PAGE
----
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Elementary School Bible Club Ceases Following Complaint From Atheist Activist Group

BREA, Calif. — A Bible club at an elementary school in California is no more following a complaint from a prominent professing atheist group that seeks to combat what it believes are violations of the “separation of Church and State.”

Article by Heather Clark

Earlier this year, the Wisconsin-based Freedom From Religion Foundation (FFRF) sent a letter to the Brea Olinda Unified School District after it was contacted by a parent who expressed concern that their son might feel pressure to join.

According to the correspondence, Club Monarch had been included in the weekly newsletter at Mariposa Elementary School and is listed on the online school calendar. There had been posters on the wall advertising the club as well, and the school’s principal had spoken about the option to parents during a back-to-school night.

 “If a school chooses to allow outside groups to host after school programs on its property and an outside group decides to create a religious program, there must be no school involvement in the organization or promotion of that religious program,” FFRFwrote. “That means that the district cannot promote Club Monarch on its website, its school walls, to parents at back-to-school night, and cannot coordinate sign-ups for the club in the school office.”

The organization sent a second letter in March after submitting a Freedom of Information Act (FOIA) request and discovered that Mariposa Elementary School had sent home registration forms for parents and that teachers had helped to plan and coordinate the meetings. Superintendent Brad Mason also spoke at the club on one occasion.

“It is impossible for this club to continue in a constitutional manner. The club and the school are inextricably entangled,” FFRF wrote. “The Brea Olinda USD can no longer allow teachers and other staff to take advantage of their positions and access to children to proselytize and attempt to convert students to Christianity. Club Monarch must be disbanded.”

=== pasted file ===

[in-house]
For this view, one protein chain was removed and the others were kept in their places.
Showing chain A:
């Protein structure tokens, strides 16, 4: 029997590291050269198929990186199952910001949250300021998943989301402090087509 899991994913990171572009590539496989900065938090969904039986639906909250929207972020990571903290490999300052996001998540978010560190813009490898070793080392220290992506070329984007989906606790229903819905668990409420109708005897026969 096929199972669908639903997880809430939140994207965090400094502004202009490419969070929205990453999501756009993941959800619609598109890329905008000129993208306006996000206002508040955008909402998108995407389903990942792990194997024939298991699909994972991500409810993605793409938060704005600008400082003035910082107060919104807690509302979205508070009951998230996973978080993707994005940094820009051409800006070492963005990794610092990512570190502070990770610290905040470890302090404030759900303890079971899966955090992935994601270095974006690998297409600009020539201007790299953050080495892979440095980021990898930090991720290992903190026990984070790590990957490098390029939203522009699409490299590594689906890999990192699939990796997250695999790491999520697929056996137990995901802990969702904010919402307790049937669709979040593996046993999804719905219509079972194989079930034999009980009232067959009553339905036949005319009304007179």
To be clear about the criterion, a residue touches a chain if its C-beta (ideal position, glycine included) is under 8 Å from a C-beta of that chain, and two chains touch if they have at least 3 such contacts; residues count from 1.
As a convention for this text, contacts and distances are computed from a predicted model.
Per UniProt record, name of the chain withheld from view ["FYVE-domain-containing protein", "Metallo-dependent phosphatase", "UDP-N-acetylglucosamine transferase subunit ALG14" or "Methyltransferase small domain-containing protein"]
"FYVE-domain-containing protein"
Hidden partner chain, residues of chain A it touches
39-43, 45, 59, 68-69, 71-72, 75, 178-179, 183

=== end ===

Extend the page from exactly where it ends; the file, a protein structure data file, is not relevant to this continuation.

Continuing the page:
On Aug. 26, the atheist organization received notice from attorneys for the district that the club has ceased its activities.

“Club Monarch has ceased to operate at Mariposa Elementary School and does not operate at any other district school sites,”wrote Todd Robbins of Atkinson, Andelson, Loya, Ruud and Romo. “We trust that this resolves the concerns expressed in your organization’s original letter dated March 1, 2016.”

FFRF applauded the move.

“The operation of a religious club at an elementary school with the collusion of school principal and staff was way beyond the pale, and we’re pleased we played a role in putting an end to it,” Co-President Annie Laurie Gaylor said in a statement on Thursday.

As previously reported, in 1647, the Massachusetts Bay Colony passed “The Old Deluder Satan Act,” which required that children be taught to read so they could learn to read the Bible.

“In being one chief project of that old deluder, Satan, to keep men from the knowledge of the Scriptures, … and that learning may not be buried in the graves of our forefathers in Church and Commonwealth, the Lord assisting our endeavors, it is therefore ordered by this court and the authority thereof, that every township in this jurisdiction, after the Lord hath increased them to the number of fifty householders, shall then forthwith appoint one within their town to teach all such children as shall resort to him to write and read,” it read in part.

The first textbook used in the American colonies even before the nation’s founding, “The New England Primer,” was largely focused on the Scriptures, and was stated to be popular in public and private schools alike until approximately the early 1900’s. It used mostly the King James Bible as reference, and spoke much about sin, salvation and proper behavior.

“Save me, O God, from evil all this day long, and let me love and serve Thee forever, for the sake of Jesus Christ, Thy Son,” it read.

Many of the Founders’ children learned to read from the primer.


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